This Must Be What They Mean by "Shared Sacrifice"


Remember that Recession they keep telling you is over, and how we all suffered from a panic nobody could have predicted? While we were all sharing equally in the pain, nearly 200 California government agencies increased their employee benefits packages. 

This isn't new news; it's from the February Little Hoover Commission report Public Pensions for Retirement Security [pdf]. My next Reason print column will be on this report – which comes solidly from the Democratic Party consensus and yet is the most radical and sweeping set of recommendations for the pension crisis from any agency. On the front page of today's L.A. Times, Evan Halper and Catherin Saillant do some entertaining follow-ups on the commission's data

A state oversight panel has identified about 180 local governments that increased pension benefits at a time when the state's unemployment rate was rising, housing prices were falling and the nation's banking system was in crisis. The enhancements covered thousands of public employees, adding tens of millions of dollars of new debt to local governments, analysts say.

Cities are now paying the price.

Costa Mesa boosted the retirement benefits of 84 firefighters, at a cost of $694,000 per year. At the time, officials thought the deal made financial sense because the firefighters union agreed to forgo more raises in exchange for new pensions rules that would allow them to retire at age 50 with 85% of their salary if they'd been on the job 28 years.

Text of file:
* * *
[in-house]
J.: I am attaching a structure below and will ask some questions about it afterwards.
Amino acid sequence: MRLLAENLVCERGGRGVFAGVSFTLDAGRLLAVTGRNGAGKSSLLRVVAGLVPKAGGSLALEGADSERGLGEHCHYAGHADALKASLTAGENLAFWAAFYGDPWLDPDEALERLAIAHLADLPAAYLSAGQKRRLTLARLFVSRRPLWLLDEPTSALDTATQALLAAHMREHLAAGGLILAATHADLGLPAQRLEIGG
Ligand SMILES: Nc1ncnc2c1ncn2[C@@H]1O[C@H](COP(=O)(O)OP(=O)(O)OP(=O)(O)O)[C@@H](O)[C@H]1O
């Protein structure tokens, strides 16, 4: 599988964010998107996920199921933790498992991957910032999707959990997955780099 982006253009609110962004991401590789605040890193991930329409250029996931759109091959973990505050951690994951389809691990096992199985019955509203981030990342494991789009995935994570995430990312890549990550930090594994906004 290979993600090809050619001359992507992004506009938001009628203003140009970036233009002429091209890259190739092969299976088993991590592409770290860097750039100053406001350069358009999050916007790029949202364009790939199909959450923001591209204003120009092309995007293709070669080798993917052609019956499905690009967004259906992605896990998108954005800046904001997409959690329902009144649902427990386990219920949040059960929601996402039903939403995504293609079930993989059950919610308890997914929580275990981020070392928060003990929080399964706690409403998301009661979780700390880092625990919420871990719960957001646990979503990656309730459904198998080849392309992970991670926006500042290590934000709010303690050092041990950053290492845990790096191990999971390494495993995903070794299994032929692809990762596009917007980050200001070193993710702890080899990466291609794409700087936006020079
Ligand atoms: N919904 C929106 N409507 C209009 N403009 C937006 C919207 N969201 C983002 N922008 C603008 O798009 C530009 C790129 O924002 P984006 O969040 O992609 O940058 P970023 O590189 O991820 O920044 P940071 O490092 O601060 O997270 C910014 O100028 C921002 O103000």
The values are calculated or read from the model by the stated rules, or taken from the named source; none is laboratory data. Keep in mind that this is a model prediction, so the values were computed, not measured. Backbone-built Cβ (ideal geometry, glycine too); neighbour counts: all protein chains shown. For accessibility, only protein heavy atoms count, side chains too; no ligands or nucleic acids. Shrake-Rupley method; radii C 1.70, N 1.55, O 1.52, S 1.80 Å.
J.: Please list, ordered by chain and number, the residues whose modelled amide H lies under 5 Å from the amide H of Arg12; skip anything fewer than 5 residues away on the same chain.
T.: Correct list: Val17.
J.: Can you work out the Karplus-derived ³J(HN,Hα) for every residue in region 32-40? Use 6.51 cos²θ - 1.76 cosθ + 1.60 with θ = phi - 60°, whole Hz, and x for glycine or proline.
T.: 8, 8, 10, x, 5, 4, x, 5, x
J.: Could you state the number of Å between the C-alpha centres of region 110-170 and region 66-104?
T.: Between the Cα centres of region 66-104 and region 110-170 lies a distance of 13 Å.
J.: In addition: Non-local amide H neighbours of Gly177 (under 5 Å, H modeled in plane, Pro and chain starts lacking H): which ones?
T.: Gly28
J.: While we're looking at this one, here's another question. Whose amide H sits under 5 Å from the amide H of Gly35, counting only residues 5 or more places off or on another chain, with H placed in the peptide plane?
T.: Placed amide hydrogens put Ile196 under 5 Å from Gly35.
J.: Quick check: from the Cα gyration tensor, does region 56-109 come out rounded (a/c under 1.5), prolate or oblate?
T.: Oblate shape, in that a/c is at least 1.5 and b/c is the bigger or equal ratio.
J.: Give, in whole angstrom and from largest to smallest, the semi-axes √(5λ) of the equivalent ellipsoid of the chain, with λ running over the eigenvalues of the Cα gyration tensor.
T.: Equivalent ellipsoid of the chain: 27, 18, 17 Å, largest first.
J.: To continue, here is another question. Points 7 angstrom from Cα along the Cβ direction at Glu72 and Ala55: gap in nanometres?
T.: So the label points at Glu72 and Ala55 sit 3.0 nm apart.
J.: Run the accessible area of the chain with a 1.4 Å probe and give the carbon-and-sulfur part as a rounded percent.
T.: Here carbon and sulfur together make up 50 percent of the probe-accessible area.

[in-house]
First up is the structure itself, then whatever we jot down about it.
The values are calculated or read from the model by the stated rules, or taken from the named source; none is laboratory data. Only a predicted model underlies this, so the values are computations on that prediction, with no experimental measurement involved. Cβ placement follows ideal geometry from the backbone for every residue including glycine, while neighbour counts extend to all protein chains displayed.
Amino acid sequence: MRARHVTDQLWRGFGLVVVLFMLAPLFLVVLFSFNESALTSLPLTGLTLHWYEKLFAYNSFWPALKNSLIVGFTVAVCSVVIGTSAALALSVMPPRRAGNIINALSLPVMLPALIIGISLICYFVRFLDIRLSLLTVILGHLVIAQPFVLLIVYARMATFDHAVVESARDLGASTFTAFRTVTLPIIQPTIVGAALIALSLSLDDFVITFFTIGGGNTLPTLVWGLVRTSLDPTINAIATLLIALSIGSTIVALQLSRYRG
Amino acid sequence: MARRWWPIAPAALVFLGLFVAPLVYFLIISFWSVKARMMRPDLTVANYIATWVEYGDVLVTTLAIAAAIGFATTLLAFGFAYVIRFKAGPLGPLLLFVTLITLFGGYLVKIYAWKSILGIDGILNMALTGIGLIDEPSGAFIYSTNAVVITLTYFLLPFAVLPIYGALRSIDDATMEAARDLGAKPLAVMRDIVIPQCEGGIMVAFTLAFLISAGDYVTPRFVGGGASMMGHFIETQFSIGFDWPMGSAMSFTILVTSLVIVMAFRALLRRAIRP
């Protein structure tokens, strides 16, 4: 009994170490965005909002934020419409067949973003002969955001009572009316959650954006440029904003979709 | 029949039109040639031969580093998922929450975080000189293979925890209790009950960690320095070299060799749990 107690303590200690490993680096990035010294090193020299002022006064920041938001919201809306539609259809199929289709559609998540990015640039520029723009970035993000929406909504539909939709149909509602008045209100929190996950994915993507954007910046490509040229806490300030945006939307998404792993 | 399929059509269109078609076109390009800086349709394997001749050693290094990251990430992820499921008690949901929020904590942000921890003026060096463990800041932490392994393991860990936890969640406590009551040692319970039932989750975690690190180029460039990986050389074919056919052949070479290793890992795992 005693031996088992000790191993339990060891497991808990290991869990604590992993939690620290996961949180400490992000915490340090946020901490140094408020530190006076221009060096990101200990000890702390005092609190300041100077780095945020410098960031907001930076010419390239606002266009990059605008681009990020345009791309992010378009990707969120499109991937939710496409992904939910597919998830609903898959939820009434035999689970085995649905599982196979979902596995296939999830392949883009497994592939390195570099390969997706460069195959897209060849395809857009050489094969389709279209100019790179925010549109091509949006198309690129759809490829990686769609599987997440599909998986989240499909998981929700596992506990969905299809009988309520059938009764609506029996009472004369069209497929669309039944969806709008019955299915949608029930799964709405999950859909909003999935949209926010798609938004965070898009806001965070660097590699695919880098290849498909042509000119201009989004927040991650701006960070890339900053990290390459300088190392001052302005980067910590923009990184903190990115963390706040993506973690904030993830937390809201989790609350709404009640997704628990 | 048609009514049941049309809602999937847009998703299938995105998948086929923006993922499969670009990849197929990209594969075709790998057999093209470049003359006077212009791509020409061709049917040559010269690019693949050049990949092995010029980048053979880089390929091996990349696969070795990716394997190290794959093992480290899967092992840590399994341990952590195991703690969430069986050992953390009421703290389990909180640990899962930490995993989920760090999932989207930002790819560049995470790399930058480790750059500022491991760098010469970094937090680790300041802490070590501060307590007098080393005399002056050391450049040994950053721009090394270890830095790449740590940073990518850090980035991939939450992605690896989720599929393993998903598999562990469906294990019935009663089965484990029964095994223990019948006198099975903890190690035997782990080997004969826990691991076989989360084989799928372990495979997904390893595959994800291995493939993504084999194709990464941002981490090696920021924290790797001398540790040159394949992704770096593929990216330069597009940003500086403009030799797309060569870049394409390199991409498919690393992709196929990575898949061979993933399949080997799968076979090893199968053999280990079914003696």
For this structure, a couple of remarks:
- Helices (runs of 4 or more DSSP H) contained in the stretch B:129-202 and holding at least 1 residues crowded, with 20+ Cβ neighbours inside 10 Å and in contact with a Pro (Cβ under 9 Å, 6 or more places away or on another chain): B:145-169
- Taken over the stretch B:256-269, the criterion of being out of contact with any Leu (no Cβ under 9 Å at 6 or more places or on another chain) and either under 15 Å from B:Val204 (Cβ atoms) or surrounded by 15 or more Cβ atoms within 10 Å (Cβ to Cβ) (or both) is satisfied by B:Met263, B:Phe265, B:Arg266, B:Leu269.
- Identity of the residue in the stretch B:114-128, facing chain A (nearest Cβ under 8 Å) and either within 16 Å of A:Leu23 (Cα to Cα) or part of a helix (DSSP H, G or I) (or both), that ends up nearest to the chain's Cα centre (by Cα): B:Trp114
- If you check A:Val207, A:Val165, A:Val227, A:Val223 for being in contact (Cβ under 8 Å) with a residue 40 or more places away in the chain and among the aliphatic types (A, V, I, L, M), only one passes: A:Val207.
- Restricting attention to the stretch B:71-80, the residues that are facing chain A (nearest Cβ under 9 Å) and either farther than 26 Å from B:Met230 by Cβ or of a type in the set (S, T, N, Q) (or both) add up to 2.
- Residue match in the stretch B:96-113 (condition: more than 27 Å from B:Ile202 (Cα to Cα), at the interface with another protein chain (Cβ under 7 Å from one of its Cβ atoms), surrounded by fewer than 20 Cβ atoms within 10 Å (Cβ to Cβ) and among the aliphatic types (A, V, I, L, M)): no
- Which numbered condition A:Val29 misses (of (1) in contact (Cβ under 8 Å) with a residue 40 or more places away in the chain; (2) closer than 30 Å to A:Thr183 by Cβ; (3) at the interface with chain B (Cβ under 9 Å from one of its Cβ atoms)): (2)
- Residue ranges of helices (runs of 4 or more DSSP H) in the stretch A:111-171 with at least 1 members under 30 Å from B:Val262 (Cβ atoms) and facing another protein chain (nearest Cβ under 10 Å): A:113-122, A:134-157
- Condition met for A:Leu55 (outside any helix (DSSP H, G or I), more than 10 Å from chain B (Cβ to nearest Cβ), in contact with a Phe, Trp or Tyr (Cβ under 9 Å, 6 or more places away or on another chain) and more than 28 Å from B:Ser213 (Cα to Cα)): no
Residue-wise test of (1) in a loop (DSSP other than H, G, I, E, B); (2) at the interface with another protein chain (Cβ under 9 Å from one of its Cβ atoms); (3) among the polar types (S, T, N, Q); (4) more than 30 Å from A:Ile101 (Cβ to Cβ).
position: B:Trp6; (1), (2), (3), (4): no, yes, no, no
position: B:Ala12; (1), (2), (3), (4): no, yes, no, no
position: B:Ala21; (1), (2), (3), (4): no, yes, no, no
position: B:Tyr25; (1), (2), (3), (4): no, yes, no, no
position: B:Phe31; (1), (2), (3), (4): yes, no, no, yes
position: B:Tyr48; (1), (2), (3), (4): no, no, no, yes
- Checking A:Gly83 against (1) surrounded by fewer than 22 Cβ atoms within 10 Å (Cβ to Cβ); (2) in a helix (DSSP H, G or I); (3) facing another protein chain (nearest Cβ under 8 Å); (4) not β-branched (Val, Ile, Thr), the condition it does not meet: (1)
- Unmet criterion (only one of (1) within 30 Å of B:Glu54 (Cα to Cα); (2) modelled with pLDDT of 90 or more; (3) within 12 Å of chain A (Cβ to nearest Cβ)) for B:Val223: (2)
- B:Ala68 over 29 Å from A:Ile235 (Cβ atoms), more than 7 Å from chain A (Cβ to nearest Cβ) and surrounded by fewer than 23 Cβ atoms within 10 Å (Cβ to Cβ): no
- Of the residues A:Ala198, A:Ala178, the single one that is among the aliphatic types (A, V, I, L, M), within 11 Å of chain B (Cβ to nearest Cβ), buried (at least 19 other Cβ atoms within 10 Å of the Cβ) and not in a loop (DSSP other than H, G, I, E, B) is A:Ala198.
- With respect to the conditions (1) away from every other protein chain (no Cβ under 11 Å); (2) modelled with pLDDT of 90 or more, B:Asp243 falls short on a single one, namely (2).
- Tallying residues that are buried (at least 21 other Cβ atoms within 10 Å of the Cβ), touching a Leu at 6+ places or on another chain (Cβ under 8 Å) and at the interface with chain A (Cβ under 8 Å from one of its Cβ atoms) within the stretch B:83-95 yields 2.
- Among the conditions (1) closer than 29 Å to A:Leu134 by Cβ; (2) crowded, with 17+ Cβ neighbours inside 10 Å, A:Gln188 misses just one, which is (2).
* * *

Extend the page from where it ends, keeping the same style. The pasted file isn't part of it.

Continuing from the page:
And in a welcome bit of benefits fairness for my fellow lifeguards…

Officials in Newport Beach and Laguna Beach…recently awarded their lifeguards the same lucrative pension plans that had previously been reserved for police officers and firefighters. They defended the benefits as having been put in motion as part of an extensive contract negotiated before city revenues shrank with the economy. And despite big budget shortfalls, they say the lifeguards have earned the handsome retirement payouts.

"You should see them when there's a huge swell at the Wedge in Newport Beach," Newport Beach City Manager David Kiff said. "I wouldn't want to be risking my life like that."

How can this be, when you keep hearing about the major concessions public sector unions have made, totaling hundreds of millions, in a spirit of cooperation and shared sacrifice? Even better than the just-can't-cut-another-penny benefits giveaways are the dog-ate-my-homework excuses of local officials: 

"At that time, the unsustainability of pensions was not a front-burner item…"

"Other cities were doing it…"

"[E]xtra pensions were underway 'long before the economy went over a cliff…'" 

The whole article is well worth reading. And if you can't wait for the next issue of Reason, the Little Hoover report [pdf] is a real eyeball melter.